1193 1st Ave., btwn. 64th & 65th Aves.
After a disappointing visit to Ariyoshi for less than mediocre izakaya fare, I was hell-bent on uncovering a newcomer worthy of an authentic Japanese badge of honor. While searching for a sushi joint on the Upper East Side, I accidentally stumbled into Tori Shin, a yakitori haven for all things barbecued and skewered. Obscured by closed blinds and a sliding black door, I felt like I was entering some secret Asian supper club. A traditional eating counter takes centerstage at this sleek space where twenty, gray ultrasuede chairs wrap around a generous, maplewood eating counter with glass classes, displaying yet uncooked, bamboo-skewered chicken parts.
What is yakitori you might be wondering?
A popular after-work cuisine in Japan, yakitori translates to
bamboo-skewered chicken barbecued over charcoals. While many cuisines
dress up their food with countless ingredients, yakitori uses simple seasonings: salt, lemon juice,
yakitori sauce or dipping sauce. While yakitori refers specifically to barbecued
chicken and vegetables, the term has lent itself to beef, pork and
many other meats. And now back to our regularly scheduled programming – Tori Shin…
While New York admittedly offers a boundless array of flavors and regional cuisines, I still find myself pining for the earnest passion and unaffected cooking style that I’d discovered in Tokyo. Tori Shin manages to transplant the authentic experience of a traditional Japanese procession of small plates, all simple in execution and yet precisely prepared, evoking pleasing and pure flavors in everything from a breast of chicken to vegetable soup. In the company of Japanese diners (always a very good sign), guests watch yakitori chefs man the barbecue, fanning the meat with paper fans, using only the simplest of seasonings, if any at all. Perhaps, the absence of such a place in New York, was precisely the reason that co-owner and manager, Keiji Suzuki, partnered up wtih chef Koichi Inoue, who formerly cooked at Toriyoshi (a popular yakitori spot in Tokyo), to open Tori Shin, focusing all of their efforts on chicken – organic chicken to be exact. Diners can choose from either a chef’s omakase course ($60) or a “dinner set” ($45), which includes salad, soup, appetizers and six skewers, four chicken and two vegetable.
But the meal begins with a bowl of mildly pickled vegetables, which wasn’t particularly revelatory, though I am a sucker for warm hand towels, which Tori Shin seems doles out between every course, and there are many. This was quickly followed by minced soy-spiked daikon, a Japanese palate cleanser, preparing you for the Japanese version of an amuse bouche. Not the traditional amuse bouche that’s become practically obligatory “compliments of the chef” at the city’s most elegant restaurants, Tori Shin presents a melange of four cold bites: a chicken terrine, carrot gelee, burdock root wrapped in tofu and springy Japanese mushrooms. While each was gently seductive and simultaneously simple in its own right, the chicken terrine, a dish that evoked flavors of chicken liver & the texture of gefilte fish (in a good way), was a savory, and yet pure pleasantry that I could’ve happily committed more time to, but there was still yakitori to be had.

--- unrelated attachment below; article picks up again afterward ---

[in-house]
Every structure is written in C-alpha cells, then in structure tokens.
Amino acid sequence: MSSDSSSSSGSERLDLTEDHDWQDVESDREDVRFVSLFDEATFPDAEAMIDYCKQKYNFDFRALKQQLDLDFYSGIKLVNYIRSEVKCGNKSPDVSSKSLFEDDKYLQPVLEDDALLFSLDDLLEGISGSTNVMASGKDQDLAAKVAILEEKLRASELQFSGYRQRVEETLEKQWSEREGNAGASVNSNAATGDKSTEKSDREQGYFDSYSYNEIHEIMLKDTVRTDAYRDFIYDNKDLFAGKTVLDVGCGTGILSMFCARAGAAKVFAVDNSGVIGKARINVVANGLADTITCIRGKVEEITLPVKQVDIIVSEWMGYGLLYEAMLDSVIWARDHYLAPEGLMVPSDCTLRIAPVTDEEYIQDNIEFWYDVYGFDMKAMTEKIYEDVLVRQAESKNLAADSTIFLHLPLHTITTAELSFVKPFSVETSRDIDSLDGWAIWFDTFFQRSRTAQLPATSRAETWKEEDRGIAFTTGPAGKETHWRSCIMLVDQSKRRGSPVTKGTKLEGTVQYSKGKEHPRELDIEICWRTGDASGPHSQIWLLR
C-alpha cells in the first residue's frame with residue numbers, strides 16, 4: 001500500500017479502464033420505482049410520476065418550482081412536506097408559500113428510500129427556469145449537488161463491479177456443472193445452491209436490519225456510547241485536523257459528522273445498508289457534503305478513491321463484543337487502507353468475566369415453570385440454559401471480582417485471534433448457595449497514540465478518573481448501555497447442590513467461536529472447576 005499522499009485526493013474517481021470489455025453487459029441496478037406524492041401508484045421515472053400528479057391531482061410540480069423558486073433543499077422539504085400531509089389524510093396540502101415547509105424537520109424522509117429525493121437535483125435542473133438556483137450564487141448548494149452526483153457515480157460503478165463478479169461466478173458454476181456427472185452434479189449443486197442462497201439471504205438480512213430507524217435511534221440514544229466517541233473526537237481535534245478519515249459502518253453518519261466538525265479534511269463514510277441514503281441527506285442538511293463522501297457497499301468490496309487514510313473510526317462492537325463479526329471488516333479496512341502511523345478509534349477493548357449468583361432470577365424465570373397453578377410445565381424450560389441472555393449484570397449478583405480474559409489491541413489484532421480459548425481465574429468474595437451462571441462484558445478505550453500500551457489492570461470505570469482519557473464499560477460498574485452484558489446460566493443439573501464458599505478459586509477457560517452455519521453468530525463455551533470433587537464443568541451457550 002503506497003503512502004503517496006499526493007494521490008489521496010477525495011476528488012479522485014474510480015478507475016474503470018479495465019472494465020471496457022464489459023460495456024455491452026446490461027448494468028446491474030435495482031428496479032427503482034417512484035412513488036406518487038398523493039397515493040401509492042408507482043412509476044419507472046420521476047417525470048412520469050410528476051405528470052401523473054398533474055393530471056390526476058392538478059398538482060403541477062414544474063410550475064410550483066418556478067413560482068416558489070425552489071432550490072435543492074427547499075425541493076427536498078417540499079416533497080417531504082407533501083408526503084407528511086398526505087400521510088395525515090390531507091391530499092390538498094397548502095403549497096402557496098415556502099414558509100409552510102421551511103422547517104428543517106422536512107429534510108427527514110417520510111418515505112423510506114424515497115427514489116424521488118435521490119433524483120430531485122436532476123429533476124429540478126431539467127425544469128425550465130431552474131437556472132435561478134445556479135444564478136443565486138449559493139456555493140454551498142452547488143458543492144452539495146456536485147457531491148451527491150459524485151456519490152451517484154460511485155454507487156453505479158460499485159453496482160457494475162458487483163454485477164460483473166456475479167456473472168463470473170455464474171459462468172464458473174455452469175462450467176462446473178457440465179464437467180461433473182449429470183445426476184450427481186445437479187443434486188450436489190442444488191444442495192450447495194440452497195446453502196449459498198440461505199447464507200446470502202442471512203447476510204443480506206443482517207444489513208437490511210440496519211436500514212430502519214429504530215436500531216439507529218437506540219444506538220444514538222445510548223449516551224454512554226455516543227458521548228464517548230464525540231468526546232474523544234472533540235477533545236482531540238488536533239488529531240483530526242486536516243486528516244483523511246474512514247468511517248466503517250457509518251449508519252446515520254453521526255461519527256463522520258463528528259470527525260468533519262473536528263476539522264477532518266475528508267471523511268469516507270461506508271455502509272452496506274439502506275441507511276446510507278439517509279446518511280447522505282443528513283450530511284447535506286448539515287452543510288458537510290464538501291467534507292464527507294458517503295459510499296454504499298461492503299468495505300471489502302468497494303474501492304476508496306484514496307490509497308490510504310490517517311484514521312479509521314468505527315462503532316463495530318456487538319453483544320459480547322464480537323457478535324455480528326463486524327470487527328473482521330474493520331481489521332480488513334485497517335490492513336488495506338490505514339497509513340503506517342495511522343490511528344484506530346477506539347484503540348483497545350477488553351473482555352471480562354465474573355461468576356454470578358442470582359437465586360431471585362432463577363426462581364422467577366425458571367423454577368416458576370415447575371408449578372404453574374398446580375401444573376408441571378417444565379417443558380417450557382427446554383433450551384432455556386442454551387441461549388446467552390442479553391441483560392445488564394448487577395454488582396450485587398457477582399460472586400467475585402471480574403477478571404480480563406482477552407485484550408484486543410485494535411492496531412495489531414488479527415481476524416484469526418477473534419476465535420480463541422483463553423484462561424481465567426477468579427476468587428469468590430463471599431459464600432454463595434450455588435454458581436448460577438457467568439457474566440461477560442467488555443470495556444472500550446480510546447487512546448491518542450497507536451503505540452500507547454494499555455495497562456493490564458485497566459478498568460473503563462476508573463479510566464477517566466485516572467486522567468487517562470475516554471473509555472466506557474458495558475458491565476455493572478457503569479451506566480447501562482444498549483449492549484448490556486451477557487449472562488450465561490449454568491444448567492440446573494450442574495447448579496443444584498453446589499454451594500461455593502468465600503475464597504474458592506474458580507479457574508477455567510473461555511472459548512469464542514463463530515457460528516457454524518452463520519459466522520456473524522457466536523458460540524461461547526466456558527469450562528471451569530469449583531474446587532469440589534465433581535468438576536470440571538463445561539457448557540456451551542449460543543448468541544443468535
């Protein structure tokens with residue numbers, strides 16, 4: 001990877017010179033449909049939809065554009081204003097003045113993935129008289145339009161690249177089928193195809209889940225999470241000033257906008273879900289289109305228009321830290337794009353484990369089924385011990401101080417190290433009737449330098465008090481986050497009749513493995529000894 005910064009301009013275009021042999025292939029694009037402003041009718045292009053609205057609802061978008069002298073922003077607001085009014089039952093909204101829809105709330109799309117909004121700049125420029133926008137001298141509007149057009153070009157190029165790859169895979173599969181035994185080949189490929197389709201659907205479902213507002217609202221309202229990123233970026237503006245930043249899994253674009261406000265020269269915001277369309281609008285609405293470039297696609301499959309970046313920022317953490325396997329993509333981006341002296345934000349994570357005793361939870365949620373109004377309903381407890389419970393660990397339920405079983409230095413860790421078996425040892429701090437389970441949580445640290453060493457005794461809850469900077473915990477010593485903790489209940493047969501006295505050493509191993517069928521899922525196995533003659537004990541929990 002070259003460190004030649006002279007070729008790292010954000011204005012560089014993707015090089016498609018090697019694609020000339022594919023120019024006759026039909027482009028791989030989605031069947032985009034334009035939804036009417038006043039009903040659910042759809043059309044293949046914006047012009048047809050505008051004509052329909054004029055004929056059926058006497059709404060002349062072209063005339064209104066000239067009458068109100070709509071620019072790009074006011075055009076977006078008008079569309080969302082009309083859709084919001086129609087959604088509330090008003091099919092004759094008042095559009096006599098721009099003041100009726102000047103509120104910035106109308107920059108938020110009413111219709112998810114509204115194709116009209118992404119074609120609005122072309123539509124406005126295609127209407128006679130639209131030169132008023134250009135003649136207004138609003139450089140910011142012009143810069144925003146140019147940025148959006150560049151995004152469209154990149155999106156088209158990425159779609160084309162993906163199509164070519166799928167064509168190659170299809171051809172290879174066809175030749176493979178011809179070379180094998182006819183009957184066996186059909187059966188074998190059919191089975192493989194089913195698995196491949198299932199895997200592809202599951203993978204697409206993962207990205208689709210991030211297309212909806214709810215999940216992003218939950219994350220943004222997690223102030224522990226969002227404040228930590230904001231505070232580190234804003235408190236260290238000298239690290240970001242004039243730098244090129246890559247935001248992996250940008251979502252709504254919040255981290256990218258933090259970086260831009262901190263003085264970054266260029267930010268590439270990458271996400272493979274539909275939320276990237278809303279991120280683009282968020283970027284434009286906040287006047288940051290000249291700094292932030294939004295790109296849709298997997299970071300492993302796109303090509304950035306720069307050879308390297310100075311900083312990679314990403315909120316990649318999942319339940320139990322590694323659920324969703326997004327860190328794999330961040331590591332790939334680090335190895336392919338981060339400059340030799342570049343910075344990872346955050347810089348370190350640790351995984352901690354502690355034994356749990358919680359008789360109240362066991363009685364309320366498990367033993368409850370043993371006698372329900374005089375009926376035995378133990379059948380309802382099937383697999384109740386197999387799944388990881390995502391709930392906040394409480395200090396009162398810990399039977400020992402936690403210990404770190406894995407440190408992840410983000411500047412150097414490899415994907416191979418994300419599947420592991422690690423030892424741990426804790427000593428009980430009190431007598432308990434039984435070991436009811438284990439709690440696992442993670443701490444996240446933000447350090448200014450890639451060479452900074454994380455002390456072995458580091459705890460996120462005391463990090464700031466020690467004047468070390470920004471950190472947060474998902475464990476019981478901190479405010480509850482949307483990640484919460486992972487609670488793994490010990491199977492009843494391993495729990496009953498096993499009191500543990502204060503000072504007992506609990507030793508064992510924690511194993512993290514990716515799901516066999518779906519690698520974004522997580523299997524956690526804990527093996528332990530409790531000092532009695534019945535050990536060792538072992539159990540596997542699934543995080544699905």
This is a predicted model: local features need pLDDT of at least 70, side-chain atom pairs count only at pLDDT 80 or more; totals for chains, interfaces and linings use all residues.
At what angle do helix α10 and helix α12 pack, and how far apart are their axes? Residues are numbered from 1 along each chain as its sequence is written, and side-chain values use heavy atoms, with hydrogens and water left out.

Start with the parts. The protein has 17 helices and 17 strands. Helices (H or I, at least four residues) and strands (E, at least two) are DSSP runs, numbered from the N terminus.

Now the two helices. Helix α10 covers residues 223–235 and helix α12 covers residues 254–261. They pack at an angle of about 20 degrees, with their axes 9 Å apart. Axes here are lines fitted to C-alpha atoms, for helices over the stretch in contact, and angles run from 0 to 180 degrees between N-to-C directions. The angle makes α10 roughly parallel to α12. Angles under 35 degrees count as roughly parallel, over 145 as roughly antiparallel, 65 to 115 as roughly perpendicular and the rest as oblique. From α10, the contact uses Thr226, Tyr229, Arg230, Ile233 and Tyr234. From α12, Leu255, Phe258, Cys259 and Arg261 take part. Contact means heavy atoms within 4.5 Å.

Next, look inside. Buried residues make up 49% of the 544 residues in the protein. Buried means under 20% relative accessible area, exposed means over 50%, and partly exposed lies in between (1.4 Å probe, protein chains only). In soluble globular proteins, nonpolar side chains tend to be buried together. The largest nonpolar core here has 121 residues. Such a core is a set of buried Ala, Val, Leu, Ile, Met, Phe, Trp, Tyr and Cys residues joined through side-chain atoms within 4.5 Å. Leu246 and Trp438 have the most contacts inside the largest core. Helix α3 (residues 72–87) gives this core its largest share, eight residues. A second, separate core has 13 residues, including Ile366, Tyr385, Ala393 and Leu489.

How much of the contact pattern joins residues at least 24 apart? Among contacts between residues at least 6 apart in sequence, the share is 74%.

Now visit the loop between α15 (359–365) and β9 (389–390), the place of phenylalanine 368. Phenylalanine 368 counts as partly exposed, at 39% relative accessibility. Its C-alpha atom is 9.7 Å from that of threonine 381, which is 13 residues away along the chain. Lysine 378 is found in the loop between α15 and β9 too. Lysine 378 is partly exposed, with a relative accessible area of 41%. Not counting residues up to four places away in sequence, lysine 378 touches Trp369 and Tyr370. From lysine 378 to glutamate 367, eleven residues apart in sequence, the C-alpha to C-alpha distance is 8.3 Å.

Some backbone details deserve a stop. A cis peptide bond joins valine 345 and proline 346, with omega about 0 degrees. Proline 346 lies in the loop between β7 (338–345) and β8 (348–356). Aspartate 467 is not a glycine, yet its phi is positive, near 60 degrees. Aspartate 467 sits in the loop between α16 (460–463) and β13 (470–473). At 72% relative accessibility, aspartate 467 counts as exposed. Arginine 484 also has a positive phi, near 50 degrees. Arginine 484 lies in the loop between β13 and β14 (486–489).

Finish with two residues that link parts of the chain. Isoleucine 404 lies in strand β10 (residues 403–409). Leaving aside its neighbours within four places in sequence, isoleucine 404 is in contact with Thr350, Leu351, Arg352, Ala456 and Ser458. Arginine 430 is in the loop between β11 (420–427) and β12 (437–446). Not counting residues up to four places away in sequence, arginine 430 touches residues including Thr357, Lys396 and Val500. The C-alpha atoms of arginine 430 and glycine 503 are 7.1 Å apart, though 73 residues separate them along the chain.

Tori Shin offers a generous selection of organic chicken skewers, some de-skinned, others with skin on, a celebration of every imaginable part of the chicken, from wings to gizzards. As is often the case in traditional Japanese haunts, the chef strongly suggests how to eat the plate presented before you; whether you should
invoke soy sauce or whether it’s best eaten undressed.
Such was the case
at Tori Shin, with the exception of the underseasoned skewer of three
parts of chicken. For this dish, I added a little soy, which indeed did the
trick. While I didn’t take much to a skewer of chicken hearts, I took pause over the miso-marinated chicken, often overplayed in seafood dishes, a la Nobu’s miso cod or staple miso sea bass at many a Japanese spinoff of late, most of which are good, but predictable. Miso-laced bits of chicken were so intensely moist and flavorful that I demanded seconds. Not quite as astounding but nevertheless tasty, the pounded chicken wrapped around a fresh, crisp leek, was skewered with a blistery Japanese pepper, the perfect combination of crisp vegetables and silky chicken meat. Perfectly crispy on the outside, supremely tender within, the chicken meatballs (tsukune) were simply seasoned with a bright
yakitori sauce. The parade of chicken was quickly followed by two vegetable skewers; ginko beans, nutty and crunchy, and gentle Japanese mushrooms.
If that wasn’t enough, which it was, there was another course to be had, that even if you’re nearing full, is worth risking the aftereffects of eating too much.
With a choice of oyaka don and dashi chazuke, I tried both. While the dashi chazuke, a simple bonito broth with rice, was soothing, I was more enchanted by the oyaka don, a traditional bowl of rice topped off with a rich chicken meatball and a gooey, half-boiled egg. If you don’t have room, I highly recommend bringing it home and eating it for breakfast – well-worth the shame of asking for a doggie bag. For dessert, I took part in a subtly sweet mound of crushed ice with specks of oba leaf.
Until we eat again,
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